Summary and Info
With the publication of this volume, Edinburgh University Press closes out its extremely successful culture history series, which writes the story of the twentieth century through the cultural and intellectual movements of each decade. The 1910s were mostly dominated by the horrors of the first modern war, but it also witnessed the flowering of modernism, the birth of Hollywood, and the rise of progressive interpretations of culture and society. Mark Whalan investigates this decade through achievements in fiction and poetry; art and photography; film and vaudeville; and music, theater, and dance. He incorporates detailed commentary and directed case studies of influential texts and events and includes chronologies and bibliographies. He considers Tarzan of the Apes, The Birth of a Nation, the radical modernism of Gertrude Stein, the Provincetown Players, and jazz music's earliest recordings. A concluding chapter explores the impact of the First World War on cultural understandings of nationalism, citizenship, and propaganda.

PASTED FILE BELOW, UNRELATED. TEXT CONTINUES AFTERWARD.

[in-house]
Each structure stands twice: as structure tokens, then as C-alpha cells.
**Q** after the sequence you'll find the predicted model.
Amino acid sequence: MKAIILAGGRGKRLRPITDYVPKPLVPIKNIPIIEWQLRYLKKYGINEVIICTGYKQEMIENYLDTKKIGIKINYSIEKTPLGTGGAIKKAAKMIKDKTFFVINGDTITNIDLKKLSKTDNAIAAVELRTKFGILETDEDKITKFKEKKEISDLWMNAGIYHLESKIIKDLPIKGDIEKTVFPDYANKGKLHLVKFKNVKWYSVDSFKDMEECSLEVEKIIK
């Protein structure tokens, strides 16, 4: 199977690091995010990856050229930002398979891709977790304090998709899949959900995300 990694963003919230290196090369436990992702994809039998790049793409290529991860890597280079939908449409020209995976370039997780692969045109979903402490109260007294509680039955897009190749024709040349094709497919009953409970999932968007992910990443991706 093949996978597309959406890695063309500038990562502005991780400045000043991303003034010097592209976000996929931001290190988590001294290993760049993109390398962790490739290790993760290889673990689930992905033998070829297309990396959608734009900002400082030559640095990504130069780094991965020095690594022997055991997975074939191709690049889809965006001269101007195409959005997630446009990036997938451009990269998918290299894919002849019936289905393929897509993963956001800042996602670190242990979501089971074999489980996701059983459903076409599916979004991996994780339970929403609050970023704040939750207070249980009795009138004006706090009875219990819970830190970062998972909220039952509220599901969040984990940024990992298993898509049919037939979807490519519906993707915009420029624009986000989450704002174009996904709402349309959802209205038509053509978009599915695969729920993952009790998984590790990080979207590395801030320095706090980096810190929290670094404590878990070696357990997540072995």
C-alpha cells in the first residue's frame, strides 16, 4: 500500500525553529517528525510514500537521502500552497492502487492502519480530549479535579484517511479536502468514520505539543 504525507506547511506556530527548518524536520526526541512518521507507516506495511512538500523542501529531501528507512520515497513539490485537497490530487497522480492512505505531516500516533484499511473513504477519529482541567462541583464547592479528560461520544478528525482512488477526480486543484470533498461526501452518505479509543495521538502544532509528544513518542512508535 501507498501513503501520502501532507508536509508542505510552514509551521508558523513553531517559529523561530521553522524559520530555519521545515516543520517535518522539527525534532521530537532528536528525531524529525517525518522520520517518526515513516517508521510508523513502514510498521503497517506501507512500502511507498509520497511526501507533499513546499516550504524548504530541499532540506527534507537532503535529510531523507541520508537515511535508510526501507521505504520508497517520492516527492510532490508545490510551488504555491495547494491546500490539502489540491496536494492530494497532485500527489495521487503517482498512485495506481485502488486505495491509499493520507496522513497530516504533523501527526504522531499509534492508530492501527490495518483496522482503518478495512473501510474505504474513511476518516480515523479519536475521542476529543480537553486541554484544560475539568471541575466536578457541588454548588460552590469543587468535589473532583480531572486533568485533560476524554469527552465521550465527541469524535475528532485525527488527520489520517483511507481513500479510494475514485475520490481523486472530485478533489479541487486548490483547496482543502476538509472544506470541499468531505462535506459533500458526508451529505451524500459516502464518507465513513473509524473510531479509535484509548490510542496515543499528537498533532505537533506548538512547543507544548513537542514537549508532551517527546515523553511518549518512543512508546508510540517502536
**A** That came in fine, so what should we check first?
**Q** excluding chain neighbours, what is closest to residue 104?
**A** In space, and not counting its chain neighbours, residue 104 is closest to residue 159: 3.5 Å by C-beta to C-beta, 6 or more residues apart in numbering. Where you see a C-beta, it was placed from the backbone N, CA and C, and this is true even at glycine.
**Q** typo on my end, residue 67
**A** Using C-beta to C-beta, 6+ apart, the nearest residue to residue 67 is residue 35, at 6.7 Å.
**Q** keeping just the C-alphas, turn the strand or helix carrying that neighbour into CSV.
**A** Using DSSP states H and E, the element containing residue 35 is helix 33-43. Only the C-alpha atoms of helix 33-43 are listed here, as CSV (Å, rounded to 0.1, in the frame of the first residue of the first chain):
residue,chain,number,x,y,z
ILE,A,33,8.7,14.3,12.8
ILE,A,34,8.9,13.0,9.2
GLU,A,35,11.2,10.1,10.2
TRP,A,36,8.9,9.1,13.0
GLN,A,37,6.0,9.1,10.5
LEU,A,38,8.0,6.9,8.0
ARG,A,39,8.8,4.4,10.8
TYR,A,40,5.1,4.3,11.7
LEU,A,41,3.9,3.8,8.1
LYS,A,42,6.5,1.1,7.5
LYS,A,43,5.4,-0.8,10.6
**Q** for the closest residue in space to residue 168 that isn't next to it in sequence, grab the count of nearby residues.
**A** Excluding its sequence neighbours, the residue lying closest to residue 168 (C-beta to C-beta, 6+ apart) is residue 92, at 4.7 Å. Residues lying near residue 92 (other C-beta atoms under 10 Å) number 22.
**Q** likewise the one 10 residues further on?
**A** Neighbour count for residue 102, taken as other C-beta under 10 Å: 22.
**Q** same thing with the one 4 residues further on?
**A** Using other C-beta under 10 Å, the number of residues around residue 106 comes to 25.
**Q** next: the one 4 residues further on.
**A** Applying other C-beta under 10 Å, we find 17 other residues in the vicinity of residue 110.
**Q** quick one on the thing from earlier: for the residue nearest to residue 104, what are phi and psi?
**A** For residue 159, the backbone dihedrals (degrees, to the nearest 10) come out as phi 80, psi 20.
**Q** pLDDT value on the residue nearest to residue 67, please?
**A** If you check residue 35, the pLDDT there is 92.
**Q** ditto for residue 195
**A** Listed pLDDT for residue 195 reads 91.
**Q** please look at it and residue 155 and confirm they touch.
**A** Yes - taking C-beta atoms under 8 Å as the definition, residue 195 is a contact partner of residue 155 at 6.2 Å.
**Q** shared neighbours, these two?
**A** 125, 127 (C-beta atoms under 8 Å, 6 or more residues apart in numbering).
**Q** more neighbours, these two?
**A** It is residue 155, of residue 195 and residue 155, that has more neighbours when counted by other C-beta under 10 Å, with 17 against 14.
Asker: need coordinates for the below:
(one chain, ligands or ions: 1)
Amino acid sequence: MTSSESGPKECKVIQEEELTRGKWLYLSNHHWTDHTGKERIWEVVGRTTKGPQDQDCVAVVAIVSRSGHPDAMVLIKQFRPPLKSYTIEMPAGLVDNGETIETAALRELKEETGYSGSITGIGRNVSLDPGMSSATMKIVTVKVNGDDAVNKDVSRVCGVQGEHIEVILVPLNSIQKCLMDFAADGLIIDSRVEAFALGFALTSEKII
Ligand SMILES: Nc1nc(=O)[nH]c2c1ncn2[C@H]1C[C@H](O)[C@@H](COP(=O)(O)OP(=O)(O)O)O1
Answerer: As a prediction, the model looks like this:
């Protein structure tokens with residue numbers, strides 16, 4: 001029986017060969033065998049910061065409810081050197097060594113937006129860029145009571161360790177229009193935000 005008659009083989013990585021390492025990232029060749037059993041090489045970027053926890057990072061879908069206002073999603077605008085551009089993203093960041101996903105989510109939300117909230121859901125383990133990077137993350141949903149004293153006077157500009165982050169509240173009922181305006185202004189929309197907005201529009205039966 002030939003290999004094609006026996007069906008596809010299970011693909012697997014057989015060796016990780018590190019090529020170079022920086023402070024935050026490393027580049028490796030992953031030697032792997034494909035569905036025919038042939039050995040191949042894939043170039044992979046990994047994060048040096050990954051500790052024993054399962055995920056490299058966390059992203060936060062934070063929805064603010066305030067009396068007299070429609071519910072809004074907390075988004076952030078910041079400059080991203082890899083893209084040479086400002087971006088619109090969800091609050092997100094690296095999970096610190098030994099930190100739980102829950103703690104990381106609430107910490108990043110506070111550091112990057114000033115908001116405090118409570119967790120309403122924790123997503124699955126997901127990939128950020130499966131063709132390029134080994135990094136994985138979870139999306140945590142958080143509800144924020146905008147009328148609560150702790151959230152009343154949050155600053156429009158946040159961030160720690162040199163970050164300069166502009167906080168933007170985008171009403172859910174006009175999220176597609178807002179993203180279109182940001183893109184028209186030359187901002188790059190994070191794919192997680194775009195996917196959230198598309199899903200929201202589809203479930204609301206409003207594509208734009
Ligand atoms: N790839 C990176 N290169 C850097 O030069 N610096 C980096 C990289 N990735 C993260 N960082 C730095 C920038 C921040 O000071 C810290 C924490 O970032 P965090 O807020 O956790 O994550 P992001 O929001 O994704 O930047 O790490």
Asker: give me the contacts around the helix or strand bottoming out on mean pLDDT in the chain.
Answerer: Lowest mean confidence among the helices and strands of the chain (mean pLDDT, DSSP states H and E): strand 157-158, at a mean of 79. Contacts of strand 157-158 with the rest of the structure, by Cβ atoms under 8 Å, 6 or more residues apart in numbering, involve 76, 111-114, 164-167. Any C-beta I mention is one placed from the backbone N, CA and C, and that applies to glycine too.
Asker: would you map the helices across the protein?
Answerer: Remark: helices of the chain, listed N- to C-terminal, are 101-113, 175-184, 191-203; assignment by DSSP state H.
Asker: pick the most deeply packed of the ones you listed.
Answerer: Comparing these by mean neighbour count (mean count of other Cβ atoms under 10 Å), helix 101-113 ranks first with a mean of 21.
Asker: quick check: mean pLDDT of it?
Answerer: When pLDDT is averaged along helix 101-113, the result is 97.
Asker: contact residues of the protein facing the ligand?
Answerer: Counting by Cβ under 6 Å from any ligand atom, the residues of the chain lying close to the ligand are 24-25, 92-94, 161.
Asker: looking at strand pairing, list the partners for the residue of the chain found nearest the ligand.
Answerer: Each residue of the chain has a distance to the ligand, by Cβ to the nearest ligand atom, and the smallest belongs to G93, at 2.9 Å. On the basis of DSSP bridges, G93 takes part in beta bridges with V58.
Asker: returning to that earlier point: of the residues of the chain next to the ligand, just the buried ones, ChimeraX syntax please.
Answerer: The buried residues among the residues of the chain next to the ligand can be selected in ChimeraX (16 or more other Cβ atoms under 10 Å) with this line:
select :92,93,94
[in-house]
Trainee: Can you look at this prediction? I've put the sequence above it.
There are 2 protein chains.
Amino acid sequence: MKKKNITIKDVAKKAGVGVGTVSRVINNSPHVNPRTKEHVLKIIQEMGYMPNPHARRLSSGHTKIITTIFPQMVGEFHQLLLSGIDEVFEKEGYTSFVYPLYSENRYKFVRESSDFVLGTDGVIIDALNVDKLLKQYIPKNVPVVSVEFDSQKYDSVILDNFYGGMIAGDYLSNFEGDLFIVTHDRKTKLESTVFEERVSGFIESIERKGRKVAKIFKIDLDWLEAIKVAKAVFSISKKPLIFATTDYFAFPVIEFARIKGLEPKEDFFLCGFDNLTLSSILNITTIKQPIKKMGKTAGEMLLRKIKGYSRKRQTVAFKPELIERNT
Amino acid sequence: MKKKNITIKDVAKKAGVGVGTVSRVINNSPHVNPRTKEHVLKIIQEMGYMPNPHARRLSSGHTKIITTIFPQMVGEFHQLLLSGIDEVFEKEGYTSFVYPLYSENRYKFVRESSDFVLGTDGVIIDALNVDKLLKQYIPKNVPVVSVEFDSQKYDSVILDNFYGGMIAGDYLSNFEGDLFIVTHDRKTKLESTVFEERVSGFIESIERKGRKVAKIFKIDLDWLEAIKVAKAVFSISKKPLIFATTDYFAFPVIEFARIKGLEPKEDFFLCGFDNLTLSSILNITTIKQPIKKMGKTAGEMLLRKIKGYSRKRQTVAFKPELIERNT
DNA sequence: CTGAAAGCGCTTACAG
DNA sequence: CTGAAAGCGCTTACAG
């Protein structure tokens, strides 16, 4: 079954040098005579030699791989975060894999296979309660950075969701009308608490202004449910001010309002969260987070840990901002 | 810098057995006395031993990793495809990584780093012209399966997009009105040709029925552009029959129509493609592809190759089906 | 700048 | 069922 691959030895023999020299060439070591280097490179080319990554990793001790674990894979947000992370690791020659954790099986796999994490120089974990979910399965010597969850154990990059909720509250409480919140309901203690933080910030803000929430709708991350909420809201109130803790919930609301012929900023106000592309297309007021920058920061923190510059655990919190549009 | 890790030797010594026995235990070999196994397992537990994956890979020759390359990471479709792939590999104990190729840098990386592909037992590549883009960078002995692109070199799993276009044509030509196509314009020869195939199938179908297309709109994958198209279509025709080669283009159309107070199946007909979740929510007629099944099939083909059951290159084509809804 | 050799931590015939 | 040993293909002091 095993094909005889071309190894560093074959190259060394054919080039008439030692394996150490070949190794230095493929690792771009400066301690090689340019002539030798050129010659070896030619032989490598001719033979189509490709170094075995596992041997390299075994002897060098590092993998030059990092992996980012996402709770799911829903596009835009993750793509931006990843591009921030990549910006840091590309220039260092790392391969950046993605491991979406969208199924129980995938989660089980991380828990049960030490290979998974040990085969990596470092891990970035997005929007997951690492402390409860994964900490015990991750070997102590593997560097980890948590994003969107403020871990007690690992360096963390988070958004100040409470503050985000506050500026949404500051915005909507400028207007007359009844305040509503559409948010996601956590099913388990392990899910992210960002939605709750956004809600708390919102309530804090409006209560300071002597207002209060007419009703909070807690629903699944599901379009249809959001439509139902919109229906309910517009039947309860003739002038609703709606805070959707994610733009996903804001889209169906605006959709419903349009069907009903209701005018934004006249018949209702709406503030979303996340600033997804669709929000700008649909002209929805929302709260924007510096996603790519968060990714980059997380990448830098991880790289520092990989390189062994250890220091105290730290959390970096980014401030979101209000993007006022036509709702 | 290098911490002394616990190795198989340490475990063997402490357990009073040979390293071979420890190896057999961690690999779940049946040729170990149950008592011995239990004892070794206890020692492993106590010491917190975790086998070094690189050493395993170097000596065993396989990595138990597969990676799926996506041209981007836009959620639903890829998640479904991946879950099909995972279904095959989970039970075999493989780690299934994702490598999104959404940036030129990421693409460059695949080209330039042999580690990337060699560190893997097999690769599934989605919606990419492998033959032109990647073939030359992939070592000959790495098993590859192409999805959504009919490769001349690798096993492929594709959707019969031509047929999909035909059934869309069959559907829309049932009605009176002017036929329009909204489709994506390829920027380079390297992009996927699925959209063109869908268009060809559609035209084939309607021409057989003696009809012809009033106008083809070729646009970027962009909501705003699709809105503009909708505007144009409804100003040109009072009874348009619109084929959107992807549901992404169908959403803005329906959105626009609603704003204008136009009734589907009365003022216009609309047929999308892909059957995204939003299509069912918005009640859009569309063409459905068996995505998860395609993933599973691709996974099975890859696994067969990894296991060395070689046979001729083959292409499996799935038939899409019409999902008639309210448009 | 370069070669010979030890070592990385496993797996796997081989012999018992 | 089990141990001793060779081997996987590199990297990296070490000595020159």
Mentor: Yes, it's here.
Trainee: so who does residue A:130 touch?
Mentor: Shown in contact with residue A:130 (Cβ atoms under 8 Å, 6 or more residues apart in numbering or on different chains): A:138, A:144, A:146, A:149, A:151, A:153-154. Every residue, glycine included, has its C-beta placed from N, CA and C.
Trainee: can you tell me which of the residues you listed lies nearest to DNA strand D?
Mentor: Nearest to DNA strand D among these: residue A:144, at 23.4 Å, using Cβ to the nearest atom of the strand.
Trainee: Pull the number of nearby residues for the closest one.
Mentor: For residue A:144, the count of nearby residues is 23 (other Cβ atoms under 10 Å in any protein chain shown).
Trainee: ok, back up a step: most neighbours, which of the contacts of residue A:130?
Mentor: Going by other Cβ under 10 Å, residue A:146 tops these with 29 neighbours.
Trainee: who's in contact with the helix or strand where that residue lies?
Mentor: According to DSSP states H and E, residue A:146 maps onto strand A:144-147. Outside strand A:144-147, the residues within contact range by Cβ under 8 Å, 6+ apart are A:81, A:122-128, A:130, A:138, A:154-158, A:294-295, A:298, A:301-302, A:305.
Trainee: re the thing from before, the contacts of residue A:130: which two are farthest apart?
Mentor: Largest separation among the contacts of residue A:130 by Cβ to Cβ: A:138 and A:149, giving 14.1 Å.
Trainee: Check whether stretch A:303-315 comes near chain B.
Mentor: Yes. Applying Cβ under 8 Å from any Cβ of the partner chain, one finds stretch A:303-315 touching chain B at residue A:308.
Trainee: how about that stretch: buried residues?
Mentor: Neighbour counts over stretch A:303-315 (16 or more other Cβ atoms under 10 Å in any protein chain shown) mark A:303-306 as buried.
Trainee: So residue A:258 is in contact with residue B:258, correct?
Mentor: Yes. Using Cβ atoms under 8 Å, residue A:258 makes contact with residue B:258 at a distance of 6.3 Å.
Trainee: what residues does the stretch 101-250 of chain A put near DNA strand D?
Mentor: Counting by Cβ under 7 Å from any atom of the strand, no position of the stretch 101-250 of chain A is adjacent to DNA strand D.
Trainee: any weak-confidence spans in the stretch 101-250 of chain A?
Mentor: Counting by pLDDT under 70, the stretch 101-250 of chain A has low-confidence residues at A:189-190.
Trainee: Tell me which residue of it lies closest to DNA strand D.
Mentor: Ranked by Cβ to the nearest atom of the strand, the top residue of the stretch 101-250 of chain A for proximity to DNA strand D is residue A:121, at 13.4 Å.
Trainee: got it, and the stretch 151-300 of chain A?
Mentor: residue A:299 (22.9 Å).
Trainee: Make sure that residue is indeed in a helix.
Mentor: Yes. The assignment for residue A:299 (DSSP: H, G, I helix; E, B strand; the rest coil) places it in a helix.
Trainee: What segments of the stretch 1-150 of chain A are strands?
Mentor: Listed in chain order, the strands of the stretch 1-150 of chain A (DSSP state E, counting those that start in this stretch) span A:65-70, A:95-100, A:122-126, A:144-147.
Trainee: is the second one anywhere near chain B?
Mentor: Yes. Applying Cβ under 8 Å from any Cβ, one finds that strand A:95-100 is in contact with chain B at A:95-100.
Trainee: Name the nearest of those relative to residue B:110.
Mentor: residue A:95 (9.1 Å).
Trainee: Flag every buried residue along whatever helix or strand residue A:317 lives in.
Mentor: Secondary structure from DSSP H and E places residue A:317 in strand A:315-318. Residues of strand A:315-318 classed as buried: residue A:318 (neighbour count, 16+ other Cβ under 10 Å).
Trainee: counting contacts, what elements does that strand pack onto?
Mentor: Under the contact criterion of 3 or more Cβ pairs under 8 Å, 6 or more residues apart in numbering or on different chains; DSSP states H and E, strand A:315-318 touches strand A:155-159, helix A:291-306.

More About the Author
Mark A Whalon (1886–1956) was an Irish-American author. Whalon was a close friend of Bill Wilson, founder of Alcoholics Anonymous, and said to be a close influence on Wilson in his later life.
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